Transport and travel

Walking, cycling, or using some other form of physical activity for all or part of a journey, is good for population health and the environment.

Transport and travel

Active and sustainable travel describes all types of journeys which can be undertaken by active or physical means (walking, cycling, scootering) in combination with public transport.

Transport systems that prioritise individual motorised vehicles (primarily cars) can have a number of harmful effects on population health. These can be direct effects such as cardiac and respiratory disease caused by exposure to pollution and injury or death from road traffic accidents. More indirect effects are those caused by transport systems and the users they prioritise and encourage, influencing rates of physical inactivity, obesity and related health problems.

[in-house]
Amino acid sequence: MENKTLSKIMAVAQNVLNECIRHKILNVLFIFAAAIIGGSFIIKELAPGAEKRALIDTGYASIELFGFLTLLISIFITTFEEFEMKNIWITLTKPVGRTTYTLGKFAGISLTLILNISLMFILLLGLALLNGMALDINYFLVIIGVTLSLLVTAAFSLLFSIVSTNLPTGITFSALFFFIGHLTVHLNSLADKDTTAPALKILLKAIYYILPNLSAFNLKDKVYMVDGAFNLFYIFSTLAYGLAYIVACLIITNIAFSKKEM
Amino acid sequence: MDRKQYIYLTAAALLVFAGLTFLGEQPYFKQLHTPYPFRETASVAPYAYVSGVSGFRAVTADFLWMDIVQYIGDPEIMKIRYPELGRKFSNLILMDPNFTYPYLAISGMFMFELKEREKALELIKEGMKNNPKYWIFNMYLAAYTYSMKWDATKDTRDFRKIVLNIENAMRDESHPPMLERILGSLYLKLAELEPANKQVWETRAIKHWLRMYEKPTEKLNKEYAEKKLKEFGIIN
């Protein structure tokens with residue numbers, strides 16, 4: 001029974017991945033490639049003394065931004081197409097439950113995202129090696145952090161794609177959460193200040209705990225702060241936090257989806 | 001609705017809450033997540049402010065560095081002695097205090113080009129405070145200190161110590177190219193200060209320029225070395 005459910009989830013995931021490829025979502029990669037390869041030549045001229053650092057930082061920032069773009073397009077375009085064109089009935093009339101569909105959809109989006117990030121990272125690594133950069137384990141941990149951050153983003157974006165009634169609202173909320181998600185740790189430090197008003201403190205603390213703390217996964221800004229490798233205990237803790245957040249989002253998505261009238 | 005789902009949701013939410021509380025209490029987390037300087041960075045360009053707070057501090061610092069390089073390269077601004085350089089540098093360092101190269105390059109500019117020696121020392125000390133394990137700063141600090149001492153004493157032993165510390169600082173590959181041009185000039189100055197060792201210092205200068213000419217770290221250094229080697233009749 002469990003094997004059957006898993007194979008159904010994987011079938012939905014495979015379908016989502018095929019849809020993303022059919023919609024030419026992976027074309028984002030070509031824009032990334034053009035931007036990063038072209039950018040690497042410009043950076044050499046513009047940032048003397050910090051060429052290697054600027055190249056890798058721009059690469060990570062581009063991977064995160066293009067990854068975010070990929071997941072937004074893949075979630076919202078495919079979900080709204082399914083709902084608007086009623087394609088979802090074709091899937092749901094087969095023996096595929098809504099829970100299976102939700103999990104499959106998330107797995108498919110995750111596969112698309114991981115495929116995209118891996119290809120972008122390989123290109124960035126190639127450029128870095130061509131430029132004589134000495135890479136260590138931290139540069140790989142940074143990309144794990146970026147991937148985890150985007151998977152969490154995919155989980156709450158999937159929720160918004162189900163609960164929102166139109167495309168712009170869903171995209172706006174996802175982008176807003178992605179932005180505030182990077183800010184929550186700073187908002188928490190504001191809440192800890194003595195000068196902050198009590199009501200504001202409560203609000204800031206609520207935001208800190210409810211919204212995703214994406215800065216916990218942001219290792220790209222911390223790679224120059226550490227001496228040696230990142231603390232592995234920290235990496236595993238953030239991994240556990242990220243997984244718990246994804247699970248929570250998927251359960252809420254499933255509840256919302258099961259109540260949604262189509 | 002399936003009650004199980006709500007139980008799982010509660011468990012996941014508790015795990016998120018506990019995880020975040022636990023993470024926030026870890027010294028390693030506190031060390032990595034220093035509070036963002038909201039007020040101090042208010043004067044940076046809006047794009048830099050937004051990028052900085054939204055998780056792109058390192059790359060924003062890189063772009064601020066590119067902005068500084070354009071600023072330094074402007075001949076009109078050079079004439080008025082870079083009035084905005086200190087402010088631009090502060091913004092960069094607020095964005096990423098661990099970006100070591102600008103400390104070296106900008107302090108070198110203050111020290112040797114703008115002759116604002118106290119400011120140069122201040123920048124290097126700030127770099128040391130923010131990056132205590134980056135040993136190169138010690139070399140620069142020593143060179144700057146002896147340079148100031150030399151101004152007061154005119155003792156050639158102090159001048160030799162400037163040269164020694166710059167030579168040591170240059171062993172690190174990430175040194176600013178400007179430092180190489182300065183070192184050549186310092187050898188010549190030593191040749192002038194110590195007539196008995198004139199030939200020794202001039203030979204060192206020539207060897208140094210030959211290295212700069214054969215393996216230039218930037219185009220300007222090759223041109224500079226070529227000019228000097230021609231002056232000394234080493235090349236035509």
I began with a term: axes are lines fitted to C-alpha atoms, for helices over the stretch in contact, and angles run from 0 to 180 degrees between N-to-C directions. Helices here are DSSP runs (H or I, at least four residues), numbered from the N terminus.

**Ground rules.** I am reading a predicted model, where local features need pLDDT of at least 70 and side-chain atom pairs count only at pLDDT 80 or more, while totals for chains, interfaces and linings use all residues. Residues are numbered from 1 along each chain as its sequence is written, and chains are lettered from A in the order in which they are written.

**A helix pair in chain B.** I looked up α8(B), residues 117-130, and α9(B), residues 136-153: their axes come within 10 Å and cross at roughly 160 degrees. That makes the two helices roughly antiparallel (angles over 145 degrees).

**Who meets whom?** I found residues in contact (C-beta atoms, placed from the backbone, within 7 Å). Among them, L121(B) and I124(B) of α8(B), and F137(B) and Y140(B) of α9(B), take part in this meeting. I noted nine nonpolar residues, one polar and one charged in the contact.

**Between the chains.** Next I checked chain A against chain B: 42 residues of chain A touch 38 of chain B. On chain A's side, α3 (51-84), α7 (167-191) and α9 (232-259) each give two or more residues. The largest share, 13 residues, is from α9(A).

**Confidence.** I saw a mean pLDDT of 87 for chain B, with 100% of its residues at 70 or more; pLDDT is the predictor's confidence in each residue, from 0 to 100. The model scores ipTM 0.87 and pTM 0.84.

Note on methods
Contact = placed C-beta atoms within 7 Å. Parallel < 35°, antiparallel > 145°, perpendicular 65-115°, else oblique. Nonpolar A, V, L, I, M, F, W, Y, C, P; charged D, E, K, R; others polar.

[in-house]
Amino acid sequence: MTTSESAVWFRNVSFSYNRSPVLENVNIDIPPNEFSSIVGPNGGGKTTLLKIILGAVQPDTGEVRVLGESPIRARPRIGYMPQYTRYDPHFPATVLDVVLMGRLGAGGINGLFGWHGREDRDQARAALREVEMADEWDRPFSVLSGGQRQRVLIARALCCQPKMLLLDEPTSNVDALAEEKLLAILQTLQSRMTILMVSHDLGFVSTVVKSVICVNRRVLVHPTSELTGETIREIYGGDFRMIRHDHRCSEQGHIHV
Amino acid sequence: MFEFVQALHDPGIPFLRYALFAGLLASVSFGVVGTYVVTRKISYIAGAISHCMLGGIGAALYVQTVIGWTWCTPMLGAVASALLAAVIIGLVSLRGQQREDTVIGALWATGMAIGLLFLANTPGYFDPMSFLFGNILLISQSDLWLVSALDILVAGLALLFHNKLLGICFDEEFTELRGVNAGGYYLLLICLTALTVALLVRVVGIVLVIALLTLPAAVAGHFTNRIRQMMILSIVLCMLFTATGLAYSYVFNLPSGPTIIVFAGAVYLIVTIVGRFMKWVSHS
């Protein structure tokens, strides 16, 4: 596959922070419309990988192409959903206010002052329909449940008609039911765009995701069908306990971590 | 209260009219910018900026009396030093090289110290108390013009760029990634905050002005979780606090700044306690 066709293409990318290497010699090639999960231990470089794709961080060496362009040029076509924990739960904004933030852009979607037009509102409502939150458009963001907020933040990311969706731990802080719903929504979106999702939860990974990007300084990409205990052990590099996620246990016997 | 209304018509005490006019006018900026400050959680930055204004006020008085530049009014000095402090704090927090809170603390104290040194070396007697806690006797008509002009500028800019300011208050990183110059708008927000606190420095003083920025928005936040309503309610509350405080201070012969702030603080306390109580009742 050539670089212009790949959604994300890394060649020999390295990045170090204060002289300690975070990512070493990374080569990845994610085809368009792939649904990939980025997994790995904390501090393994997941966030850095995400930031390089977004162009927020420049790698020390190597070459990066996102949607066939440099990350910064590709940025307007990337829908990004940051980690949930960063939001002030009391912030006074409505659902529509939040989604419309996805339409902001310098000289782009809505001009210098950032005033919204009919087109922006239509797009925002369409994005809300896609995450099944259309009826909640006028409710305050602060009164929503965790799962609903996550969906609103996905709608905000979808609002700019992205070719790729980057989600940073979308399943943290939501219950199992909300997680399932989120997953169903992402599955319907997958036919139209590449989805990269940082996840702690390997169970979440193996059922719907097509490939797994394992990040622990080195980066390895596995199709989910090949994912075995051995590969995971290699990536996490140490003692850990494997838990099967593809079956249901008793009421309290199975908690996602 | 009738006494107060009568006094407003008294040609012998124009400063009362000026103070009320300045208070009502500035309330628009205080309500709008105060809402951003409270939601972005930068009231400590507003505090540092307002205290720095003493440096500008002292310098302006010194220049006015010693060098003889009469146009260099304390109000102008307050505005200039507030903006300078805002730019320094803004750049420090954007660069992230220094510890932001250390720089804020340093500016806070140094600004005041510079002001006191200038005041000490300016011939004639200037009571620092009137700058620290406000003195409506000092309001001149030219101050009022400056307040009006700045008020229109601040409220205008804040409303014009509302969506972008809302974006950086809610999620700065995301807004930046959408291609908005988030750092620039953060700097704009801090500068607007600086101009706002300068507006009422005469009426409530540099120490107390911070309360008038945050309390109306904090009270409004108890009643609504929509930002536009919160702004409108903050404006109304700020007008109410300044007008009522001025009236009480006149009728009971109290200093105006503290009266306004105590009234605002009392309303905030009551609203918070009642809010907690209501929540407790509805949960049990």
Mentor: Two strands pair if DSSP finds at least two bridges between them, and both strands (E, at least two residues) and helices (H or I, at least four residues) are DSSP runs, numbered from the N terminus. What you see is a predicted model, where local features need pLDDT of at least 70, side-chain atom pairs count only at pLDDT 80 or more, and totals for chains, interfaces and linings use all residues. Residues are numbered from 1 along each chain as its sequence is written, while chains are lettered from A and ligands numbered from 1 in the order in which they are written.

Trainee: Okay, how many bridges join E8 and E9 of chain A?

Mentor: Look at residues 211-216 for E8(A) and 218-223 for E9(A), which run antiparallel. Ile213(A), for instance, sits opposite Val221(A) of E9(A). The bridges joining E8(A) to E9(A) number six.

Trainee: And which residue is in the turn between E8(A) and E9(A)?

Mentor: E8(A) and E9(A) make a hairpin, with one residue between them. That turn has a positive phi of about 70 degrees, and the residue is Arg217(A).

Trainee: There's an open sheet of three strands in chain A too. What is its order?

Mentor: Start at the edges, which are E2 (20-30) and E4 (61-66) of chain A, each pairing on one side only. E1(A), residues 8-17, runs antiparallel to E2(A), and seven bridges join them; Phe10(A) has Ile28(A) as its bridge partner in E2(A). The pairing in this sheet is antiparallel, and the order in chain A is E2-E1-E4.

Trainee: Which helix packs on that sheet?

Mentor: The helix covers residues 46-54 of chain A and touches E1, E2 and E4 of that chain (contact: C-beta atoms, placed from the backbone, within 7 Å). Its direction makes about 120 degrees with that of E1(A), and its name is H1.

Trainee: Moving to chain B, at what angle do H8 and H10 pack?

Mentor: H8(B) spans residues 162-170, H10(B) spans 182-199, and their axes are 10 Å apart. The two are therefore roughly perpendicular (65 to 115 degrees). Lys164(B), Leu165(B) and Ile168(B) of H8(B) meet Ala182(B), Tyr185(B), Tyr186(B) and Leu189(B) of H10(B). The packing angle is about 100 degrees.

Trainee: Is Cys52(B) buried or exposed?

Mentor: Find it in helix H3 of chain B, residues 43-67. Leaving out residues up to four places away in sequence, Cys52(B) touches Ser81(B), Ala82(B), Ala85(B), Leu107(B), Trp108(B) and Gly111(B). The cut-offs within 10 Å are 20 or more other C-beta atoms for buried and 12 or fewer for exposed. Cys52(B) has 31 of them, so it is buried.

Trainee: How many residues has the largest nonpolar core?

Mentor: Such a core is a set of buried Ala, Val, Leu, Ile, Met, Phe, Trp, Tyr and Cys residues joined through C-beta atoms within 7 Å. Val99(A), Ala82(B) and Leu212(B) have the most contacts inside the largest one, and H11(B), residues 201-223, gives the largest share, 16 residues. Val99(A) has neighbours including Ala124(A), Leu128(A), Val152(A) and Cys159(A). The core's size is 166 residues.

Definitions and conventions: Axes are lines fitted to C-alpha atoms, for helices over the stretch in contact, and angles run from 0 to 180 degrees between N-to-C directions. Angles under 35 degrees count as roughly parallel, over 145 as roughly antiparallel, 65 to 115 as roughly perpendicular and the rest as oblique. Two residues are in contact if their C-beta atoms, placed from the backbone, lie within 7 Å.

Busy roads, especially when combined with poor active travel links, can exert a negative influence on our experience of living in communities, such as reducing opportunity for social connections which can increase rates of loneliness and isolation. A further population health concern is the contribution vehicle carbon emissions make to climate change.

Our work looks at current trends in transport and travel and explores ways to increase the number of people that travel actively. We have outlined strong health, social inclusion and environmental arguments for reducing car use and increasing travel by other means including active travel and high quality, affordable public transport.